US Retail Sales Improve, UK CPI Continues Rising, Canada CPI In Focus

US Shows Strong Retail Sales Figures

Yesterday, the US retail sales showed strong results for the month of October, as consumers increased their spending before the holiday season. This increase could be explained by the fact that the country continues to battle the pandemic and new restriction might come in closer to Christmas. Also, due to increasing fuel prices, consumers fear of a continuation rise in energy costs, hence the strong buying activity at the pumps. Sales of electronics and other electric appliances were one of the main drivers, because those are seen as the most popular holiday gifts. The elevated buying activity could remain present, unless the government decides to impose more restrictions.

British Inflation Rises Again

Today we received Great Britain’s headline and core inflation numbers for the month of October, both on a MoM and YoY basis. All figures were expected to rise, apart from the core MoM one, as the initial projection for it was to stay at +0.4%. The core and headline MoM figures rose from +0.4% to +0.7% and from +0.3% to 1.1% respectively. The YoY core reading went from +2.9% to +3.4% and the headline YoY one jumped from +3.1% to +4.2%. The latter one has not been at that level since December 2011. The increase came from a rise in utilities, mainly fuel like gas and electricity. Also, transportation and the hospitality industry saw increases in their costs, which are obviously passed on to the consumer. The British pound reacted positively to the news and is seen higher against most of its major counterparts at the time of writing.

EURGBP — Technical Outlook

From around the middle of last week, EUR/GBP has been on a steep move lower, while trading well below a short-term downside resistance line taken from the high of November 5th. Today, despite briefly falling below the lowest point of October, at 0.80402, the pair managed climb back and stay above it. Although the near-term outlook seems to be bearish, we would prefer to wait for another drop below that hurdle, in order to get comfortable with further declines.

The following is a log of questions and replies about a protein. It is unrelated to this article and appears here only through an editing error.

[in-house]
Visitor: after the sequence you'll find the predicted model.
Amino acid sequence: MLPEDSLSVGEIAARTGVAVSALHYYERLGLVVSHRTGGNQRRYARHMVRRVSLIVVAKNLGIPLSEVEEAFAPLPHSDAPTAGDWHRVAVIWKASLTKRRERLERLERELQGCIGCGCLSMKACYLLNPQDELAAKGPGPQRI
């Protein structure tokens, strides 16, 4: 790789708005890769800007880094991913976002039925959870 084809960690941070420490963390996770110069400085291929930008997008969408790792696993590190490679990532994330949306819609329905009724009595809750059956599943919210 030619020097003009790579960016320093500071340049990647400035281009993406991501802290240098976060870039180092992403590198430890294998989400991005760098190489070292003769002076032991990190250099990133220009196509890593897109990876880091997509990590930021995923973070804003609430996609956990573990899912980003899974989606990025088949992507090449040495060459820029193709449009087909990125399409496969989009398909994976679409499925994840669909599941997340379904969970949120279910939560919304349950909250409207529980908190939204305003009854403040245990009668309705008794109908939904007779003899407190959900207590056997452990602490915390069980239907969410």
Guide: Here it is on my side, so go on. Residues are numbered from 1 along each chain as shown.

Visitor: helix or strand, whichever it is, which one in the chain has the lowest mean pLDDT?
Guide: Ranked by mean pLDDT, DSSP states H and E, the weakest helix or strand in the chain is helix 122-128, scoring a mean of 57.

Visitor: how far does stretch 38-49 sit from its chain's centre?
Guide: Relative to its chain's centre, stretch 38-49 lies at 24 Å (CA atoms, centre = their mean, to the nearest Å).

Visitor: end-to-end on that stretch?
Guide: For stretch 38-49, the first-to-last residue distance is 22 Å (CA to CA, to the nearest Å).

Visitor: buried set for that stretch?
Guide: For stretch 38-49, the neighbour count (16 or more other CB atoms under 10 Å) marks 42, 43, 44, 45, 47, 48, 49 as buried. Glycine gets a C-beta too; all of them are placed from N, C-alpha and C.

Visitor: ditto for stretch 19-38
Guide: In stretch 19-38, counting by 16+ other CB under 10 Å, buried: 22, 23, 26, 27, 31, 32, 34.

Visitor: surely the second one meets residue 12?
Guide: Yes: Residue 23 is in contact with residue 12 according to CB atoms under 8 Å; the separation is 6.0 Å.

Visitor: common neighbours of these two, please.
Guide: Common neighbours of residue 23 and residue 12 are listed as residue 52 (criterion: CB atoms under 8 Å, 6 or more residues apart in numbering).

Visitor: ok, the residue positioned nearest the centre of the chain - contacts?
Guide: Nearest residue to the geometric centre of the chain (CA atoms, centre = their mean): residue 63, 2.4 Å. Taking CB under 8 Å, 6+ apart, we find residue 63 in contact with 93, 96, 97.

Keeping An Eye On EU’s Final CPIs

The EU is also set to deliver their final headline and core inflation figures on MoM and YoY basis, which are expected to confirm the preliminary ones. All are believed to come out the same as expected, apart from the headline MoM figure. That number is expected to rise from +0.5% to +0.8%. Now the reason for this might be that during the past month we have seen a sharp rise in demand for energy and food. The latter one had rapidly grown in price, as production costs have increased sharply, due to climate change issues. In general, food production could remain under some negative pressure for quite a while, as demand for food remains high, but Earths resources for producing food are diminishing every year. We do not expect the euro to be heavily affected by these numbers.

Canada CPIs Are In Spotlight

Canada is also set to join UK and EU in releasing its inflation numbers for October. For now, there are no forecasts available for the core MoM and YoY figures, but the headline ones on the same basis are believed to have risen again. The expectations are for the YoY one to grow from +4.4% to +4.7% and for the MoM one to go from +0.2% to +0.7%. If that’s the case and the actual YoY figure comes out as expected, this may push inflation further away from the BoC’s target range, which is between 1% and 3%. If CPIs continue to accelerate in the upcoming months, the BoC will have to start considering the idea of raising the interest rate earlier. The Canadian dollar could see an increase in volatility, however it may remain largely affected by the fluctuations in the price of crude oil.

USD/CAD — Technical Outlook

USD/CAD is currently stuck between two short-term tentative lines, a downside one taken from the high of November 12th and an upside one drawn from the low of October 27th. In order to aim for the next short-term directional move, we would prefer to wait for a breakout through one of those lines first.

As for the rest of today’s events

The US will deliver its weekly crude oil inventories number, which measures the change in the number of barrels of commercial crude oil that is held by US firms. The current expectation is for the number to increase from 1.001mln to 1.398mln barrels.



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